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Great Lakes states step up pressure on Obama to stop Asian carp

With the invasive and destructive Asian carp now on the doorstep of Lake Michigan, lawmakers in the Great Lakes states say time is running out.

Asian bighead carp swim in an exhibit at Chicago's Shedd Aquarium. Federal officials on June 3 ruled out closing Chicago-area shipping locks on a regular basis, saying it probably would not stop dreaded Asian carp from invading the Great Lakes but could damage the local economy.

M. Spencer Green/AP/File)

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Federal officials are not moving swiftly enough to keep Asian carp out of the Great Lakes, say critics of the Obama administration's plan to ensure the invasive species, recently found near Lake Michigan, is stopped.

“At some point we need to have a permanent solution," said US Sen. Debbie Stabenow (D) of Michigan at a subcommittee hearing on water and power on Wednesday.

Senator Stabenow acknowledged that President Obama’s framework to fortify entryways to the Great Lakes systems is providing valuable information on the Asian carp's movement, but she and other Great Lake lawmakers want a more sure-fire plan for keeping the fish, an aggressive eater known to devour local species, from harming local fisheries and thus damaging area economies.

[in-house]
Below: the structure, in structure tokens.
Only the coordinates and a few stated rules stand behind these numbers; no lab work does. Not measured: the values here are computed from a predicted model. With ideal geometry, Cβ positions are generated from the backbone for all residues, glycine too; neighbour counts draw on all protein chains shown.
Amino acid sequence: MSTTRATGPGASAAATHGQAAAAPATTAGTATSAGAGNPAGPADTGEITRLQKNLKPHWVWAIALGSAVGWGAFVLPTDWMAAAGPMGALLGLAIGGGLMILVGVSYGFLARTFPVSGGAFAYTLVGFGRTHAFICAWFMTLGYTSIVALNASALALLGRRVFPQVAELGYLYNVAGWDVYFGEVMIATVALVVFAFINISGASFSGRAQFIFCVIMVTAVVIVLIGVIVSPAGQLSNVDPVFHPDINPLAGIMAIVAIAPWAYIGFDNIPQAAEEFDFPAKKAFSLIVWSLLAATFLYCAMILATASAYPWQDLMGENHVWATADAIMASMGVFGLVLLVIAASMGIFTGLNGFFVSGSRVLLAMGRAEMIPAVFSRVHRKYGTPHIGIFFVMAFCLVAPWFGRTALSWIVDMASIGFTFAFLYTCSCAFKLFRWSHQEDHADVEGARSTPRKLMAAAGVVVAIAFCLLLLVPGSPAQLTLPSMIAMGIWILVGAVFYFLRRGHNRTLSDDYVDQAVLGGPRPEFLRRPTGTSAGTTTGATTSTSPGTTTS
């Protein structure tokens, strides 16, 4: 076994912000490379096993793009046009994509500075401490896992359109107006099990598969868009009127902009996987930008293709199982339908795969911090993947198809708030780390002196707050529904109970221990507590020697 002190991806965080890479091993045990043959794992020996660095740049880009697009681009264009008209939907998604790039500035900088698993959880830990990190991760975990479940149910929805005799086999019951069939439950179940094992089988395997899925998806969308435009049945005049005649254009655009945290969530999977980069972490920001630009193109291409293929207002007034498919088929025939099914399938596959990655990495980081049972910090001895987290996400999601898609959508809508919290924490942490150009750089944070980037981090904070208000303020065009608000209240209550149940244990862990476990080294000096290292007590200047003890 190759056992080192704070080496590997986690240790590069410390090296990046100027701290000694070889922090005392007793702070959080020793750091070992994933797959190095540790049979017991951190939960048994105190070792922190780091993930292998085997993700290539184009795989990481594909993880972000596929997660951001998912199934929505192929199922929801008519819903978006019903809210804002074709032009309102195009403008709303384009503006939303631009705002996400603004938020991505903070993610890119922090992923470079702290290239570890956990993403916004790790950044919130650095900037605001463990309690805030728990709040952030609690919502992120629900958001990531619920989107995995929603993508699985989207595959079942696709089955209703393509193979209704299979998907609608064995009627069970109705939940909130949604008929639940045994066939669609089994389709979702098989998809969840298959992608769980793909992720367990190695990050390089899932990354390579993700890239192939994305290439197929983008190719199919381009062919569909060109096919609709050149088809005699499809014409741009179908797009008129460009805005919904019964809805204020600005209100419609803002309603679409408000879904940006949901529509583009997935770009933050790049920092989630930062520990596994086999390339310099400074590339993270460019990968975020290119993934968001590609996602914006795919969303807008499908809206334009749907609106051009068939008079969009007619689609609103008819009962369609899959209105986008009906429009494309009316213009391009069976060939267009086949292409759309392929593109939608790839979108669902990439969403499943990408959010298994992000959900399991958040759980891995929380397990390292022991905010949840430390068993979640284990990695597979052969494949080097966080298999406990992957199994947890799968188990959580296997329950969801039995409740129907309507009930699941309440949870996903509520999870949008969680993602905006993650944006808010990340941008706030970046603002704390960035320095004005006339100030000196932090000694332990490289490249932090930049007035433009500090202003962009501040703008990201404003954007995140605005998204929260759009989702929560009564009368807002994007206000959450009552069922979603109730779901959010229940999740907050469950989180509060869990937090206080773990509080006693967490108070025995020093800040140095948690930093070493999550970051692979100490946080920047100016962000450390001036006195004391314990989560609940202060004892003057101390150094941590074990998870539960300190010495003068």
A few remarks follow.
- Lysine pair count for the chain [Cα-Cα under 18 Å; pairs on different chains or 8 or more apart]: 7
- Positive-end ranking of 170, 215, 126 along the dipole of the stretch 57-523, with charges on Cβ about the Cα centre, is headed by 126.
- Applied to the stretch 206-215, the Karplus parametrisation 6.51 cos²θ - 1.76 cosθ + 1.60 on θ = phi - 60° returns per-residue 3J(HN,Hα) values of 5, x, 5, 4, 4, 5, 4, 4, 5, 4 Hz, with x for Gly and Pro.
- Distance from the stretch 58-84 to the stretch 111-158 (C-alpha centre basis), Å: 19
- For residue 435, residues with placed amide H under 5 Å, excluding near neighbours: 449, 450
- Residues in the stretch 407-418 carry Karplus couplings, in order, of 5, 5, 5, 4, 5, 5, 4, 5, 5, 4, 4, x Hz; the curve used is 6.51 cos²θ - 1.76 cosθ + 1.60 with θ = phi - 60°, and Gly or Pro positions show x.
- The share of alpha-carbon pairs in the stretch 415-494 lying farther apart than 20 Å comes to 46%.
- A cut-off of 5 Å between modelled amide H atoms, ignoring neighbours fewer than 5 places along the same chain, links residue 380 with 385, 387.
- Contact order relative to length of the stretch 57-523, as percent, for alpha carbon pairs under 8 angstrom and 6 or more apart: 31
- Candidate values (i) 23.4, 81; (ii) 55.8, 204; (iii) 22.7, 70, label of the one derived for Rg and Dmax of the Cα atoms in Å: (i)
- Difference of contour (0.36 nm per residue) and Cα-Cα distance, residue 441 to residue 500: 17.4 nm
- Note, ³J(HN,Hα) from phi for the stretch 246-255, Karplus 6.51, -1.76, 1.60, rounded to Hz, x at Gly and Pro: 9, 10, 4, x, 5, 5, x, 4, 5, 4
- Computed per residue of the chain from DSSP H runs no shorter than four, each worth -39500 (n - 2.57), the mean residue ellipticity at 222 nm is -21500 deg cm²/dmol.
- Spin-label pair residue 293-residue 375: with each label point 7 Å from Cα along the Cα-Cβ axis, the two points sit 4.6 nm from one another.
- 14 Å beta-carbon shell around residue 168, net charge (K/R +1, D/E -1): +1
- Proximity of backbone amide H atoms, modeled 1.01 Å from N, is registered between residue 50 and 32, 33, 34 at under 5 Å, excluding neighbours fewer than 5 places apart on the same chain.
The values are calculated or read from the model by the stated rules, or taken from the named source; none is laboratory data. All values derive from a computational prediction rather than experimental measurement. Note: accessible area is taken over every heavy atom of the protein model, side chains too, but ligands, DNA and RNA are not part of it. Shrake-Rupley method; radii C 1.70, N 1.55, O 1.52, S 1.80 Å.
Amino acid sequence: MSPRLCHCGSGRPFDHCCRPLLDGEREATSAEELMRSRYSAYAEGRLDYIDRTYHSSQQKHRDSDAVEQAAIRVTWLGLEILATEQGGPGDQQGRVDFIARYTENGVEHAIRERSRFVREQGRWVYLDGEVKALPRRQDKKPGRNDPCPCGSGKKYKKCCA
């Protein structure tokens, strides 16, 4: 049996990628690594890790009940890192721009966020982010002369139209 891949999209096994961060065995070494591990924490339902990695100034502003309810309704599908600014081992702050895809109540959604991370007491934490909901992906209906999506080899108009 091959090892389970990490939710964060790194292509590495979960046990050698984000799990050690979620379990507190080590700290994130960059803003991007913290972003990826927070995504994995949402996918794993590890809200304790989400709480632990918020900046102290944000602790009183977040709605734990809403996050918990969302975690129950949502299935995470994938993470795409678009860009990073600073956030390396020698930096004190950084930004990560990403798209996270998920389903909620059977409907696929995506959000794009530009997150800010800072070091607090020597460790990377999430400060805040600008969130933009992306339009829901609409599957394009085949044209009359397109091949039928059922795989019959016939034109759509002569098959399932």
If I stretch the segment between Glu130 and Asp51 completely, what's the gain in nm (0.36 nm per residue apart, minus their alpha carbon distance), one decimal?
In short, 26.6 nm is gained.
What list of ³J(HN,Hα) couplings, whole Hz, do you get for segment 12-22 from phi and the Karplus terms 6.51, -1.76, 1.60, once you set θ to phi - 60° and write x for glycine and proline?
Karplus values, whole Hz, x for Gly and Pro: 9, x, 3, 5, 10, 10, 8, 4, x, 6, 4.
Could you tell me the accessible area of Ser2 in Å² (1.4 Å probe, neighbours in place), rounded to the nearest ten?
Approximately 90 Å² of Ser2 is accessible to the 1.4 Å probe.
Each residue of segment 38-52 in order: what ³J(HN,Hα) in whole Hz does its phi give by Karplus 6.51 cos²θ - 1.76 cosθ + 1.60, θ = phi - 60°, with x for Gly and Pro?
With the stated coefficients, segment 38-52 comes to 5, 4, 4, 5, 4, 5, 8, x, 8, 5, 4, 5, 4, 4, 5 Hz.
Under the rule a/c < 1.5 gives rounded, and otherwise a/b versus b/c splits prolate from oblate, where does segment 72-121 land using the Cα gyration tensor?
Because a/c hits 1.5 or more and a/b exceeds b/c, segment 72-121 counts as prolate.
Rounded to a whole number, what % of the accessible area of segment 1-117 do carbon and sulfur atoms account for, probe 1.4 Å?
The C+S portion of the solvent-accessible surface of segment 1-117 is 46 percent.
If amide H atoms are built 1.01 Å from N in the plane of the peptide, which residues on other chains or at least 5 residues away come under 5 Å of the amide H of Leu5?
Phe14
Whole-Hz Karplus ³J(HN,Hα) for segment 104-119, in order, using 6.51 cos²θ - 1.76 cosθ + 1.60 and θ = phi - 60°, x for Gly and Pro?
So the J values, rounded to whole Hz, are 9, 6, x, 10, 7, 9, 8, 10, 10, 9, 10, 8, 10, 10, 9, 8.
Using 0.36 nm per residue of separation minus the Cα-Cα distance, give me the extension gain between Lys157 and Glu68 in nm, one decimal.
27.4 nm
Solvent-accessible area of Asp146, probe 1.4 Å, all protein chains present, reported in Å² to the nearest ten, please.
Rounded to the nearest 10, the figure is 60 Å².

“Obviously, the fish are not going to wait for us. This is something we have to act on as quickly as humanly possible,” she said.

A coalition of Great Lakes states led by Michigan sued Illinois in December to force the closure of two navigational locks – a plan meant to stop the unfettered access of the fish into Lake Michigan.

Illinois said a complete lockdown would hurt the area’s navigational interests.

In February, Mr. Obama committed $475 million to research solutions and to build an underwater electric barrier. But when a 19-pound Asian carp was fished out of Lake Calumet, six miles from Lake Michigan and located outside the barrier, the federal framework was criticized as lacking urgency.


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